Mrs. Uhl represented physical education, “if we reduce three sections it will impact 120 kids including a vast majority of seventh graders, about half of the seventh grade population. We all worked very hard to make sure seventh and eighth grade is separated because of the great difference in size and maturity level of the students. If this changed, they will be on a dual roster (meaning two same subject classes in the same period) and we will not give seventh graders to a high school class, the material they learn is completely different, the maturity level is obviously different, kids being displaced is huge!”
With ELD (Education Language Development) considered for sectional cuts, Mrs. Hartley commented “if an ELD coordinator position was to be cut, it would be like drawing a line and pretending it’s [program, along with students that depend on it] gone away.”
Mrs. Hayes, a High school language arts and business academy teacher, expressed her concerns, “Over fifty kids are enrolled in the dance class, and if this class were to be canceled, it would also affect students in AP world; leading to dual rosters.”
“These classes have a tremendous affect on the bottom third of kids, we could have more problems in class; these classes lead to more inspired, more discipline kids and well behaved students,” said Dr. Jerry Howell, a High school History teacher.
Mr. Ryan commented that he would love to have on-campus coaches hired, which was one of the many issues at hand with cuts of an employee or certain sections including P.E., but he “would hate to lose AP Chemistry so something else could happen.”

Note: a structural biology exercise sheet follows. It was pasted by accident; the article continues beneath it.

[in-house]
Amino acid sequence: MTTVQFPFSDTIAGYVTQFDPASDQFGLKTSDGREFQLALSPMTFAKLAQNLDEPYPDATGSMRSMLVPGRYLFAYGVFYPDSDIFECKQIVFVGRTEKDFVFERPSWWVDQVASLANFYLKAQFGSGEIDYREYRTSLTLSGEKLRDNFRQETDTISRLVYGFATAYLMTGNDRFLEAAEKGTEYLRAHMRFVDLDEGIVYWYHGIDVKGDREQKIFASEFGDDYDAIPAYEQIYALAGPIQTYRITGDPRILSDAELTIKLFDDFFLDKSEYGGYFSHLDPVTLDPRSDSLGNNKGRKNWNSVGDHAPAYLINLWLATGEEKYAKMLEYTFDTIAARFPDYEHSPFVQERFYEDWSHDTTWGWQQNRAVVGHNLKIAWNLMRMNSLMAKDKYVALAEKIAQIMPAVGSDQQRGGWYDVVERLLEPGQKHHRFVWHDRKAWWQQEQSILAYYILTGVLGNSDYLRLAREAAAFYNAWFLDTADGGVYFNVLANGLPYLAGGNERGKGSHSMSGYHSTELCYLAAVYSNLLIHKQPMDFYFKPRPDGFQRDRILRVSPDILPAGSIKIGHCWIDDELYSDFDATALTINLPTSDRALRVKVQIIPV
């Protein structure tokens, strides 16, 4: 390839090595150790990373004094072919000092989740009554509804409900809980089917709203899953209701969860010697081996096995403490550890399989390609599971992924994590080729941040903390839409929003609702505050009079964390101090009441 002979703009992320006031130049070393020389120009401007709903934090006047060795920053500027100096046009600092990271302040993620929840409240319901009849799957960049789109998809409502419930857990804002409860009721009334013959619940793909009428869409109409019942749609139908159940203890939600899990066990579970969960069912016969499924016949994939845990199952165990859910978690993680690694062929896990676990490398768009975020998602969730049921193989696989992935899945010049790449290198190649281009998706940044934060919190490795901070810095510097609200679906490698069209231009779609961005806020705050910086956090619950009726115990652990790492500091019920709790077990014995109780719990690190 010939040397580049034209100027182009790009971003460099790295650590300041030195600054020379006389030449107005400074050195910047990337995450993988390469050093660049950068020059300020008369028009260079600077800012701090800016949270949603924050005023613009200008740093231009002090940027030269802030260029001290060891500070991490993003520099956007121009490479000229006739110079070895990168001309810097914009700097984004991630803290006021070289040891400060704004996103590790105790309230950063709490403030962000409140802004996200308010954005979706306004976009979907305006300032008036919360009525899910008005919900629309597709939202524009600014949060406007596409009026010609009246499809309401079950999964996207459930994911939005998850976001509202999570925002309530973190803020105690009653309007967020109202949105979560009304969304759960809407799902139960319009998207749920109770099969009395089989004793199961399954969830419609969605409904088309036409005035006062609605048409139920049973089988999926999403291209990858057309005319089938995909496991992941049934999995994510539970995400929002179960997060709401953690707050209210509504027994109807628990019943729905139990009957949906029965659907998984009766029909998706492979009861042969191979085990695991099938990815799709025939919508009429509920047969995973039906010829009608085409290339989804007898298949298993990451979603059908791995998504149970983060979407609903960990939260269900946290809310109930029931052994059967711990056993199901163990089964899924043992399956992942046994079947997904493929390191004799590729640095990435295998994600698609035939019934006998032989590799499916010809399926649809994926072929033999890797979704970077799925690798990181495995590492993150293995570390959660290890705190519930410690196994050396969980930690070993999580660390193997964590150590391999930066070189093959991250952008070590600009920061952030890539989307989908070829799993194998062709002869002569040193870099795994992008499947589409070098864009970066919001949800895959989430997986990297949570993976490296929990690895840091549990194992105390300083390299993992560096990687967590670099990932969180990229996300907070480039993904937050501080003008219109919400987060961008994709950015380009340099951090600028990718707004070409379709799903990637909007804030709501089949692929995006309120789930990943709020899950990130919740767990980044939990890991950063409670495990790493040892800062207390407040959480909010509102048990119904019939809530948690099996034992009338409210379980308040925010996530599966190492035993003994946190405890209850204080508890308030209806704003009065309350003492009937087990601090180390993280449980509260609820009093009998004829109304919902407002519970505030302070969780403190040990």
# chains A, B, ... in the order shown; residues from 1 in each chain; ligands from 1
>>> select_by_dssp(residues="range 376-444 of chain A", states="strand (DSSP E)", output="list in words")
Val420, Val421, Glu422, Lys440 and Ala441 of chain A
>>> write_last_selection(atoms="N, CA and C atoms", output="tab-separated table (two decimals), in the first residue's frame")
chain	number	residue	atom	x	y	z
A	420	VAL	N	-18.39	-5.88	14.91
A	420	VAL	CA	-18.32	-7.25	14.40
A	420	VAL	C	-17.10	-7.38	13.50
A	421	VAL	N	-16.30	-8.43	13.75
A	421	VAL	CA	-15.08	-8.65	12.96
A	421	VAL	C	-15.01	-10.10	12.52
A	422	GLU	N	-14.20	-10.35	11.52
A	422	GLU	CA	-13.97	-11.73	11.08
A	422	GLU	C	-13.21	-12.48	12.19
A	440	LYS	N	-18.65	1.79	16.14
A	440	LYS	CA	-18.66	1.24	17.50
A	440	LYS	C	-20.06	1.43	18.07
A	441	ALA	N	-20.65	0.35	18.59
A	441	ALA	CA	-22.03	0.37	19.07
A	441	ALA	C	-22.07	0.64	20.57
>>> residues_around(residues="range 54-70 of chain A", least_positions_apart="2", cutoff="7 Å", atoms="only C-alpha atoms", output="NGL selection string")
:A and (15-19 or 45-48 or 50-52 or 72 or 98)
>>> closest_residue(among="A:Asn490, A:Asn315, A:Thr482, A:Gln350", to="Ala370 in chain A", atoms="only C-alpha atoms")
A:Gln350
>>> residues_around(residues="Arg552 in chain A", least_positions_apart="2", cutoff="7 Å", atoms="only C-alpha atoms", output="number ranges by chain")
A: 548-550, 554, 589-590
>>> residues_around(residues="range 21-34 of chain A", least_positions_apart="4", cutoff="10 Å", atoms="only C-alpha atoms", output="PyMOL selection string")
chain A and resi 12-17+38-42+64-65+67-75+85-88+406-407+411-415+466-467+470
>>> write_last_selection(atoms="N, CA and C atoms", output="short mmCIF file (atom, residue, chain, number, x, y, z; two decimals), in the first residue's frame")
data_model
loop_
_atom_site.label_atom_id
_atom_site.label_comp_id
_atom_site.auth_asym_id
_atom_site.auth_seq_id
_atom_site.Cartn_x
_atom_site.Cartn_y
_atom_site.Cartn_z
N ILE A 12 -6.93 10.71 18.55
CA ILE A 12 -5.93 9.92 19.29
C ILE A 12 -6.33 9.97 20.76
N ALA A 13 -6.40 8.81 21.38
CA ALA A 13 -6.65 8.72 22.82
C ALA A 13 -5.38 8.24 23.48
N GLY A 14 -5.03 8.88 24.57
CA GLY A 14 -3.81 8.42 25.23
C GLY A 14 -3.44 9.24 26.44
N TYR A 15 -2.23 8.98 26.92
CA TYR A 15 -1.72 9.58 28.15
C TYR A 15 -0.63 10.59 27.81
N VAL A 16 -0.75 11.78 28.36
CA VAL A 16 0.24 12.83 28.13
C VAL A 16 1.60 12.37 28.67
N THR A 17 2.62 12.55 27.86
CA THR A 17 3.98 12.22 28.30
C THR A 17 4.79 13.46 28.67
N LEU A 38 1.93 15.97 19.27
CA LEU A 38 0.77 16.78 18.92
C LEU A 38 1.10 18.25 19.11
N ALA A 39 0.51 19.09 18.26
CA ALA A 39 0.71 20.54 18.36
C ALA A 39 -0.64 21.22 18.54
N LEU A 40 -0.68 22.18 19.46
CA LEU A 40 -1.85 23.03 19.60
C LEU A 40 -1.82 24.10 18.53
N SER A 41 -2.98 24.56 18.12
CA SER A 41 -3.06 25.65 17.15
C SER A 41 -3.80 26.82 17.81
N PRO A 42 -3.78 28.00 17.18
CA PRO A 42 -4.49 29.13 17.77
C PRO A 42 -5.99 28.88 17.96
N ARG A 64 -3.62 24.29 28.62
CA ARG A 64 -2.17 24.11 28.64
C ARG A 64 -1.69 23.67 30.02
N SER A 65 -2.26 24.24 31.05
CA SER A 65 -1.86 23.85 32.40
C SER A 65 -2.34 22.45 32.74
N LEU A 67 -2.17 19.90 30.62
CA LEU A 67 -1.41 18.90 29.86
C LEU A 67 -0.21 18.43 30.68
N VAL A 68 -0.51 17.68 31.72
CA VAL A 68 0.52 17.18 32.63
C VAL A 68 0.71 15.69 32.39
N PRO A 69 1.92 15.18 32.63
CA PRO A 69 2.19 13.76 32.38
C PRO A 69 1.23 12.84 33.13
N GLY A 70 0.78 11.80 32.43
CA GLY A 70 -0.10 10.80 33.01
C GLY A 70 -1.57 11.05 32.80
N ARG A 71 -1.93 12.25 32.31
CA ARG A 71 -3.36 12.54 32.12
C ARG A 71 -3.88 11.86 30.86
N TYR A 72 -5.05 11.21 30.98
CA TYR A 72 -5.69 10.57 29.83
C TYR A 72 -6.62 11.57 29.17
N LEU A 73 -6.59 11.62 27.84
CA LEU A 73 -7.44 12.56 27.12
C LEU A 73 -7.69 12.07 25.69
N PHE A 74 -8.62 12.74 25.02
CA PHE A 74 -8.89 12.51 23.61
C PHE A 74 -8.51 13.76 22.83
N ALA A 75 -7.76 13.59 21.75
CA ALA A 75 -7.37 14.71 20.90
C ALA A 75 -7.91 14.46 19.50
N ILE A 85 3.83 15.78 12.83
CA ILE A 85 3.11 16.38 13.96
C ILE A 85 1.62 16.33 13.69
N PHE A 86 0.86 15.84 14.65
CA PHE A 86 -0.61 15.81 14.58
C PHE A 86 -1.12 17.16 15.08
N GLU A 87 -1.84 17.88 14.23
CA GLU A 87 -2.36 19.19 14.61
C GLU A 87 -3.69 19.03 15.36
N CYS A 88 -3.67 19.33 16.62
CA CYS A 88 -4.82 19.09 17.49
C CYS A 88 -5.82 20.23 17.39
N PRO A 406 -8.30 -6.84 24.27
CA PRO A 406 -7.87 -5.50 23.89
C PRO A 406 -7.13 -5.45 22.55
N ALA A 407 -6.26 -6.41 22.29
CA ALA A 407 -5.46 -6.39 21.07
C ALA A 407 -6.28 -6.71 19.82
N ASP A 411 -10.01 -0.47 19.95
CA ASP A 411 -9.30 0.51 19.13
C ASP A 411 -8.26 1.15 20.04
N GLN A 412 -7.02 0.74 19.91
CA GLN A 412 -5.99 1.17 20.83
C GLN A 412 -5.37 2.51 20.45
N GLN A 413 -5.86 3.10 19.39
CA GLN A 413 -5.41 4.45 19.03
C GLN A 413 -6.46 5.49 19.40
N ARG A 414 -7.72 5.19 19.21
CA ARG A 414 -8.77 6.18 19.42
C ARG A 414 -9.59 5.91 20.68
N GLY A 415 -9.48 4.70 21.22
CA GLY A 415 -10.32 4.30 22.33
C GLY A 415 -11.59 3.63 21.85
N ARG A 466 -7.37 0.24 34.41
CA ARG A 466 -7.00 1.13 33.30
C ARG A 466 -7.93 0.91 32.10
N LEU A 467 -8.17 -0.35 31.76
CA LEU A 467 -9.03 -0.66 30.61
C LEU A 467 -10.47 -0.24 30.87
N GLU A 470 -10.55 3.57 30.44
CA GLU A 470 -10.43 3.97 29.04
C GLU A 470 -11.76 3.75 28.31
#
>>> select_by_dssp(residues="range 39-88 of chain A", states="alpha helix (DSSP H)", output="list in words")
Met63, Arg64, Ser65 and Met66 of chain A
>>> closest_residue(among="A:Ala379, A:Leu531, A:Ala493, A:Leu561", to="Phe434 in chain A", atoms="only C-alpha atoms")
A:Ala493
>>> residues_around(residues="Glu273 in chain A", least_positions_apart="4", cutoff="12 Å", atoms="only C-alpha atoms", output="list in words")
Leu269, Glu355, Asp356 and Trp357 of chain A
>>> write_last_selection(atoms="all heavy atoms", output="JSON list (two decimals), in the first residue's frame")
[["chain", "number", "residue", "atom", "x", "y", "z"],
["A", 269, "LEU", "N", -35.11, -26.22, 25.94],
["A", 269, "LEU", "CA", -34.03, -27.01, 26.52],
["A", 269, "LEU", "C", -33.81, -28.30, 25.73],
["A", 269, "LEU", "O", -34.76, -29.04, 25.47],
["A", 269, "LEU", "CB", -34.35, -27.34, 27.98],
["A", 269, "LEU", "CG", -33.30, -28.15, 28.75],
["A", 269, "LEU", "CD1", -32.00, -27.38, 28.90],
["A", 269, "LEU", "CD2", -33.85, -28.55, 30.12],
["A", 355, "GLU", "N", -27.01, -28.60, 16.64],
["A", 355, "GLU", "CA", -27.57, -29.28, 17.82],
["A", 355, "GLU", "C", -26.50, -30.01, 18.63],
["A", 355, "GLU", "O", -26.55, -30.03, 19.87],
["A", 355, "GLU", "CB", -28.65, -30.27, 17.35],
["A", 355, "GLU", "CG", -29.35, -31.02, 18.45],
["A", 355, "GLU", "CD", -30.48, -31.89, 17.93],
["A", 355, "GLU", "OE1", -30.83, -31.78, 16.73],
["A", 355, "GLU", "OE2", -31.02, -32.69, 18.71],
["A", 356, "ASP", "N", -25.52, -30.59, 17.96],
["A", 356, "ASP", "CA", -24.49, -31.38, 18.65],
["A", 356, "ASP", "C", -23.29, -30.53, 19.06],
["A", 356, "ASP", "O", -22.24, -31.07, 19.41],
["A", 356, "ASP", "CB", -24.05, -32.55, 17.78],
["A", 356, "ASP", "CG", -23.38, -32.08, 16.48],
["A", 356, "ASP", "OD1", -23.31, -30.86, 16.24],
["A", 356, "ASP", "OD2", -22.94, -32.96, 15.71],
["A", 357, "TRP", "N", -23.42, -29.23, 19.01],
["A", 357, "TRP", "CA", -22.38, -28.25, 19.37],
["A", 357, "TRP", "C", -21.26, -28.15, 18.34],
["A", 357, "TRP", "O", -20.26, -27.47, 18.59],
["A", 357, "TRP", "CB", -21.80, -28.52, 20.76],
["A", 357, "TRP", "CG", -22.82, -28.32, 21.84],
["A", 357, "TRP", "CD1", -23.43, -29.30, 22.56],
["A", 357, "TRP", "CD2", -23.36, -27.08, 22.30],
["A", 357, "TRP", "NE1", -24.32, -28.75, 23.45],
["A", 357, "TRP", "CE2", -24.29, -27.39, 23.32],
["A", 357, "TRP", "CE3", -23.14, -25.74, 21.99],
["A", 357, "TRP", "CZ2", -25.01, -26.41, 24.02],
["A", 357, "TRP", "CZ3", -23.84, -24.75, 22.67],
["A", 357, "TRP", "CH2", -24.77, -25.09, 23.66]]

D’ Agostino remained concerned with the staff concerns instead of directly voicing his opinion, but did make sure to state that “we need to maintain a good holistic program including CTE, electives, and AP courses.”
"The decision is difficult to the fullest extent; in thirteen years we have never had to make a mid-year cut. When I think of program athletics, academics, and extra-curricular activities are all considered,” D’ Agostino added.
Teachers also volunteered to help with the potential problems the cuts could cause. For example, Mr. Ryan offeredto teach his AP Chemistry classes during lunch.
Mr. Schmidt, the High School Assistant Principal, also commented on behalf of being the one in charge of creating and putting into affect a master school schedule that “so far the schedule has seen ripples, eliminating classes and causing big waves and leading to hand-picked planning for seventh and eighth graders especially who only have an option of band and choir, which are both nearly at their max
Many priorities and concerns coinciding with the cuts were also brought up by SLT members in the past months.
“Actually believing that all students can be successful,” was the concern brought by Mrs. Rasmussen.
The importance of grades being updated on a regular basis was addressed by Mrs. Daniels and Mr. Piazza.
“Honor what other teachers do in their classrooms,” commented Mrs. Krenik, discussing the importance of all members of staff knowing what things others do in order to produce more success.
“Having a problem- solution mindset,” said Mr. Pannizzo mentioning how important it come up with a list of problems that need to be addressed and ultimately solve them all.
“Reminding ourselves [staff] of all the good things we are doing,” said Mr. Center, seconding Mrs. Krenik’s comment.
“Along with the concerns of the cuts, care needed to be taken towards tenure teachers, concerns of teachers, the trash around campus, and the care and attitude displayed towards fellow teachers, staff and students.
Dr. D’ Agostino along with Mr. Peralta and Mr. Schmidt, all stressed the importance and their goal to not have only one department or one teacher “take a hit.” He stated the cuts would “be made in the best interest of everyone.”
He also added, “I believe with time and support, all kids can learn.”